And David said unto him, fear not,.... He might observe a dejection in his countenance, a trembling in his limbs, and might discover signs of fear lest David should cut him off, because he was of the seed royal:

for I will surely show thee kindness for Jonathan thy father's sake; whom he loved as his own soul, and to whom he had sworn that he would not cut off his kindness from his house for ever, and now remembering his oath was determined to observe it:

and will restore thee all the land of Saul thy father; his grandfather, such sometimes being called fathers; which David had taken to him, as crown lands, or in the right of his wife; or as being confiscated by Ishbosheth's rebellion:

and thou shall eat bread at my table continually; he gave him an apartment in the court, a place at his table, admitted him to be a guest with him as long as he should live; which was a very great favour and high honour, and showed what an unshaken friendship he had for his father, and would maintain with him. This was the kindness of God he meant to show to him.

And David said unto him, Fear not: for I will surely show thee kindness for Jonathan thy father's sake, and will restore thee all the land of Saul thy father; and thou shalt eat bread at my table continually.
7. Fear not] Mephibosheth might be afraid that David had only hunted him out to treat him after the common fashion of Oriental usurpers, who often put all their predecessor’s kindred to death. He seems to have lived in concealment at Lo-debar.

the land of Saul thy father] Saul’s private estate at Gibeah, which passed into David’s possession when he came to the throne (ch. 2 Samuel 12:8). Father = grandfather, as frequently: so in 2 Samuel 9:9 son = grandson.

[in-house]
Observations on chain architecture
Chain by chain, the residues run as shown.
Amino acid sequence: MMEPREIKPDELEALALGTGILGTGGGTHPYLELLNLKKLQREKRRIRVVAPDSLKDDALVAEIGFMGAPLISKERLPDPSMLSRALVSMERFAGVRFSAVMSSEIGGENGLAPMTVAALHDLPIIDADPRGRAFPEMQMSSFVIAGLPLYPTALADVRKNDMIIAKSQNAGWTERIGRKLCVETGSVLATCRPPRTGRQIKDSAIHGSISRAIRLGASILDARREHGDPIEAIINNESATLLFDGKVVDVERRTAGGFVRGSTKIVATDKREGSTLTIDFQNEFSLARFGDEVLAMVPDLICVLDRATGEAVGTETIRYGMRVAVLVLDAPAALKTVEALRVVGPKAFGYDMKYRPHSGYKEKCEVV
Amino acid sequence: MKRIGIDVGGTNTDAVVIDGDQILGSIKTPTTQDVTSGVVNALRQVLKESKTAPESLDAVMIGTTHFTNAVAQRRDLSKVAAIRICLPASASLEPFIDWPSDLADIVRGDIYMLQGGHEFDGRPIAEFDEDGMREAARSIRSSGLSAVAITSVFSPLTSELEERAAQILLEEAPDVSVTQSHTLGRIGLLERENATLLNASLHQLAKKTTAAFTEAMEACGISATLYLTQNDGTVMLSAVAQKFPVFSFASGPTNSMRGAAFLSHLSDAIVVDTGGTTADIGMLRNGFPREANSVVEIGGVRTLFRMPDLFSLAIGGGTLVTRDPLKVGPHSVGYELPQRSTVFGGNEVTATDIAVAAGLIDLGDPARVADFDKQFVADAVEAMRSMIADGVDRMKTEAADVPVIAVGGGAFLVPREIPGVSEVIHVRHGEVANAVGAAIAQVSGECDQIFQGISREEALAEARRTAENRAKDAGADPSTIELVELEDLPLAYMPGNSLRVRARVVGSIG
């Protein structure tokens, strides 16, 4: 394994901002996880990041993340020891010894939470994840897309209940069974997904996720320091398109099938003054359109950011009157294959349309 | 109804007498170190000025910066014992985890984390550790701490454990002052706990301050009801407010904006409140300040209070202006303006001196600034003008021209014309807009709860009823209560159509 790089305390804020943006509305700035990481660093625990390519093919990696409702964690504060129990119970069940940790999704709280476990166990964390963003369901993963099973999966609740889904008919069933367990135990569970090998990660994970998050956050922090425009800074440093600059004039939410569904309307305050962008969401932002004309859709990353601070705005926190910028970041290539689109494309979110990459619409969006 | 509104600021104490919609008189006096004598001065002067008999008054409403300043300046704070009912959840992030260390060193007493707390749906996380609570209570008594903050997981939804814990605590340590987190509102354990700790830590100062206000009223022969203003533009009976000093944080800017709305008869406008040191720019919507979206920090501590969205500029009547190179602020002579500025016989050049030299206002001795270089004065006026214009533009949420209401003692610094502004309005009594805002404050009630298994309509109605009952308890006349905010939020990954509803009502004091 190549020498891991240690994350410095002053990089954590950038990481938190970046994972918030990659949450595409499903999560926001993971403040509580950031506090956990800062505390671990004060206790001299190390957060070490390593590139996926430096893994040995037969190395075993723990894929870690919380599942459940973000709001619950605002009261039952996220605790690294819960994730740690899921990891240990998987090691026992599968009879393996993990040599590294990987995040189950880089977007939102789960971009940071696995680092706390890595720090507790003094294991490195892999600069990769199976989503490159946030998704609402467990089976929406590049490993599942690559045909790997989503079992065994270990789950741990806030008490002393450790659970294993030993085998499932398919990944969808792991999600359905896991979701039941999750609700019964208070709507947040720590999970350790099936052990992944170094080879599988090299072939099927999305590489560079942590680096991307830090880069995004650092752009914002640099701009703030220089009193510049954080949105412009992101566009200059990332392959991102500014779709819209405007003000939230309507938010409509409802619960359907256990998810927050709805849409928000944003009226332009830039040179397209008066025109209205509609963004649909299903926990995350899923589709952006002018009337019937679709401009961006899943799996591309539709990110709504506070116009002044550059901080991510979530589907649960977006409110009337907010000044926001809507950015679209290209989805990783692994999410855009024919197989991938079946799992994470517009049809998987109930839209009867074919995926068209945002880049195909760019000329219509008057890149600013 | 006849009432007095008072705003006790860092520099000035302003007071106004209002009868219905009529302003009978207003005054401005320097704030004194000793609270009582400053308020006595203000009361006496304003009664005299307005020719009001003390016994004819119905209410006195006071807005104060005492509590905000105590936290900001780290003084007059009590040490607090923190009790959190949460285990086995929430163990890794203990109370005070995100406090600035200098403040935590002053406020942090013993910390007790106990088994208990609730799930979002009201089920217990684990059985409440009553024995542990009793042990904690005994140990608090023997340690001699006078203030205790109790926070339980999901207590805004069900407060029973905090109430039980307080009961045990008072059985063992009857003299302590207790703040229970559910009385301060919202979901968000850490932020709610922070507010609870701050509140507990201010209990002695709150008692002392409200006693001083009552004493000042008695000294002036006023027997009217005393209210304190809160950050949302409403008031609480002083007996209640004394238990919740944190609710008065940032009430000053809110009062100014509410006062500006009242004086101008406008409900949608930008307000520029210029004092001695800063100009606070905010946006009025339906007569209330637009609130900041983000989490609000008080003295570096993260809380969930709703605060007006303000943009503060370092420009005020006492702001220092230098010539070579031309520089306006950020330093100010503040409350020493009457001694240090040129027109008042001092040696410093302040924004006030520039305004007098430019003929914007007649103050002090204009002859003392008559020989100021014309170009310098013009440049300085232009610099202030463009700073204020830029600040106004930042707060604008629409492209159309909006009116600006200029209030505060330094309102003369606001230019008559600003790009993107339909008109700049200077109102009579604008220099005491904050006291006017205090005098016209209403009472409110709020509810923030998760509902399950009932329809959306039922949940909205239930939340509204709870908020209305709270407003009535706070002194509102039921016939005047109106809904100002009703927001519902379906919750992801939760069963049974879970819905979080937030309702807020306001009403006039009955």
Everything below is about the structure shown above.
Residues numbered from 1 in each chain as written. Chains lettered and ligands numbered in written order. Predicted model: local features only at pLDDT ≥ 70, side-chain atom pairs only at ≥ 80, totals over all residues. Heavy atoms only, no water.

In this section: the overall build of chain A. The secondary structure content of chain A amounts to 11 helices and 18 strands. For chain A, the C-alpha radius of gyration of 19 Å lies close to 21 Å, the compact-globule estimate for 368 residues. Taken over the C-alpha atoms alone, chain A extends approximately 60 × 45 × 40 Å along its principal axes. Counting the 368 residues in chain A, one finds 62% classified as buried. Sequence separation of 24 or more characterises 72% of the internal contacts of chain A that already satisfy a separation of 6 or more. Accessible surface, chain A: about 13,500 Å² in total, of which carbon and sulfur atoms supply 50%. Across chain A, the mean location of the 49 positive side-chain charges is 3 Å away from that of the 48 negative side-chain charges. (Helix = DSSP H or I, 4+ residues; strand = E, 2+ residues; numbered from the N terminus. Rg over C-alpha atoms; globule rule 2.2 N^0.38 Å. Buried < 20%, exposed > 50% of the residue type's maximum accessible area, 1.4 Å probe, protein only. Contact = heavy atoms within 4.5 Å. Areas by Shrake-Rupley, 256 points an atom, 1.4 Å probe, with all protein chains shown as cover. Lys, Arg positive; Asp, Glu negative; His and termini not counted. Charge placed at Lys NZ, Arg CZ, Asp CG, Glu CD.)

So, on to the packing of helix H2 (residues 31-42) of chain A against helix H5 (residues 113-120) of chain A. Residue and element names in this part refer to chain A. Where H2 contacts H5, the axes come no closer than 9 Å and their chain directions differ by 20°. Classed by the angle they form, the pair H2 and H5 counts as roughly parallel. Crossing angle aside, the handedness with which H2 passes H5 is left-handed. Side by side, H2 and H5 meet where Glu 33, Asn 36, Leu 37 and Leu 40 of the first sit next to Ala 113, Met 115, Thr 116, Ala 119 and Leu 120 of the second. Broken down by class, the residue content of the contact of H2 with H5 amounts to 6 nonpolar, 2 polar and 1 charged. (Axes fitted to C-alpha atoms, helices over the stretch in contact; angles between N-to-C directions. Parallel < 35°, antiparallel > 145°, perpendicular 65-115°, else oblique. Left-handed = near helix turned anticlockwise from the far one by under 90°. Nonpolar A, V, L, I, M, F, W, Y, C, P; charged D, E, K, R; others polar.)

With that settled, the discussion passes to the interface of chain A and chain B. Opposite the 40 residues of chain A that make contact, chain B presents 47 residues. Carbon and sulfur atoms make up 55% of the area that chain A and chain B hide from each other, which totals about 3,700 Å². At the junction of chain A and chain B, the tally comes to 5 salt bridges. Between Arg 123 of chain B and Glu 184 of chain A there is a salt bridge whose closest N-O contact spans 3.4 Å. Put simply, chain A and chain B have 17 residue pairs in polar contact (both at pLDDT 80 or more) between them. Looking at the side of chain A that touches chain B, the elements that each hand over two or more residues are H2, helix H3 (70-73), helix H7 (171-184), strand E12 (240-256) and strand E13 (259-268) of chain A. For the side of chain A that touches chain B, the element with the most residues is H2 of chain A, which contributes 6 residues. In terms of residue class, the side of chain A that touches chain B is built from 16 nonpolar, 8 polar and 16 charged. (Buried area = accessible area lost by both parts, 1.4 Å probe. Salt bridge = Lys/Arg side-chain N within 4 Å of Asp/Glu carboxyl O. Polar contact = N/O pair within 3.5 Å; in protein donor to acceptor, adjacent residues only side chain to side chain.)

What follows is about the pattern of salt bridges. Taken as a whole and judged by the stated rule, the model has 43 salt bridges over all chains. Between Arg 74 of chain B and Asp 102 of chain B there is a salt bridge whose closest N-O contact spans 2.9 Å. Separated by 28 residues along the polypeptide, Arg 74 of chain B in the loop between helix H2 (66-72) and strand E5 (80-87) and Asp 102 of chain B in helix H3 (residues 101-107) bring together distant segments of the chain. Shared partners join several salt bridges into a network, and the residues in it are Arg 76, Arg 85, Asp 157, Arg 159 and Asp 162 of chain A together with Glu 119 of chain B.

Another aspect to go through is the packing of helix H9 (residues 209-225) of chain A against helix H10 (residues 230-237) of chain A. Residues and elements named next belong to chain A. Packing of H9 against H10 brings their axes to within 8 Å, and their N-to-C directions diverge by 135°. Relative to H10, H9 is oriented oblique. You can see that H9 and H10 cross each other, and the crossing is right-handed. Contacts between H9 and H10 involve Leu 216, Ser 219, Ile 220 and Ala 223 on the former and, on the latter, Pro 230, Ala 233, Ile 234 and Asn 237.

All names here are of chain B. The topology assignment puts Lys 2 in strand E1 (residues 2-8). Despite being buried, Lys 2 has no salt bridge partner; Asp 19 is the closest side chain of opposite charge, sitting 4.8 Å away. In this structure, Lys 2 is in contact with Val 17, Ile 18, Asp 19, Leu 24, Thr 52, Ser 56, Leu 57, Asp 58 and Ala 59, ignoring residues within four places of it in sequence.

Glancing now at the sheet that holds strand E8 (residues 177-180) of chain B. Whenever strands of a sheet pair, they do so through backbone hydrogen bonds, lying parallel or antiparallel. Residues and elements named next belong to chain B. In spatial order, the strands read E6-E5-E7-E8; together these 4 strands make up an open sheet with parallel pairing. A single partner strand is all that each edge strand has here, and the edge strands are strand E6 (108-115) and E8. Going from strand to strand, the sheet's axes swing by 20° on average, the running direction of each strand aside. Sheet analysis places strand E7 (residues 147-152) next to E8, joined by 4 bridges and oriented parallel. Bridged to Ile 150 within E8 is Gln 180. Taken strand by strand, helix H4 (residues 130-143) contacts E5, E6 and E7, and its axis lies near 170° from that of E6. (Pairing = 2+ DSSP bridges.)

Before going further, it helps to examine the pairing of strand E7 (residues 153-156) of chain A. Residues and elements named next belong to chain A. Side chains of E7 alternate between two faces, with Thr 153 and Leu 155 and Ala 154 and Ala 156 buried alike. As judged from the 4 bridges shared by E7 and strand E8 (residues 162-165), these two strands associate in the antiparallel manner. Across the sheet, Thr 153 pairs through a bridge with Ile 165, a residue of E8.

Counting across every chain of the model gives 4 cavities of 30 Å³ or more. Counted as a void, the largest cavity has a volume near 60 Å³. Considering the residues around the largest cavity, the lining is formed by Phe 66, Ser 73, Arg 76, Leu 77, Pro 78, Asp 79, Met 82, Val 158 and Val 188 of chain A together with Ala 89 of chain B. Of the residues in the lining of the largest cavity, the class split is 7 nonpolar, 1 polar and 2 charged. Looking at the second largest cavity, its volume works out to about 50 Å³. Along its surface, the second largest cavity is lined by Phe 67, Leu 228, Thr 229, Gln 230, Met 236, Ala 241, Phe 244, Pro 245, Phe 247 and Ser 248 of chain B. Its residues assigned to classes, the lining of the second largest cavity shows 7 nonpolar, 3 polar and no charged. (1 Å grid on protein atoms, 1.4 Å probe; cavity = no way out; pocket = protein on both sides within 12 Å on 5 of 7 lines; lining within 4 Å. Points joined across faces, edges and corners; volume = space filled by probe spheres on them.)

thou shalt eat bread at my table] A common mark of honour in Oriental countries. See 1 Kings 2:7; 2 Kings 25:29. The physician Democedes, who cured Darius, was made “a member of the king’s table” (ὁμοτράπεζος βασιλέϊ, Herod. III. 132): and Histiaeus of Miletus was invited to come up to Susa, and be Darius’ “mess-companion” (σύσσιτος, Herod, v. 24).

Verse 7. - All the land of Saul thy father. David probably restored to Mephibosheth not only the lands at Gibeah, which Ziba had managed to hold, but Saul's estates generally. There seems, nevertheless, to have been on Ziba's part a grudge against Mephibosheth for thus getting back from the king what he had hoped to keep as his own. The privilege of being the king's friend, and eating at his table, was an honour that would be more highly prized than even the possession of the estates. 2 Samuel 9:7David sent for this son of Jonathan (Mephibosheth: cf. 2 Samuel 4:4), and not only restored his father's possessions in land, but took him to his own royal table for the rest of his life. "Fear not," said David to Mephibosheth, when he came before him with the deepest obeisance, to take away any anxiety lest the king should intend to slay the descendants of the fallen king, according to the custom of eastern usurpers. It is evident from the words, "I will restore thee all the land of Saul thy father," that the landed property belonging to Saul had either fallen to David as crown lands, or had been taken possession of by distant relations after the death of Saul. "Thou shalt eat bread at my table continually," i.e., eat at my table all thy life long, or receive thy food from my table.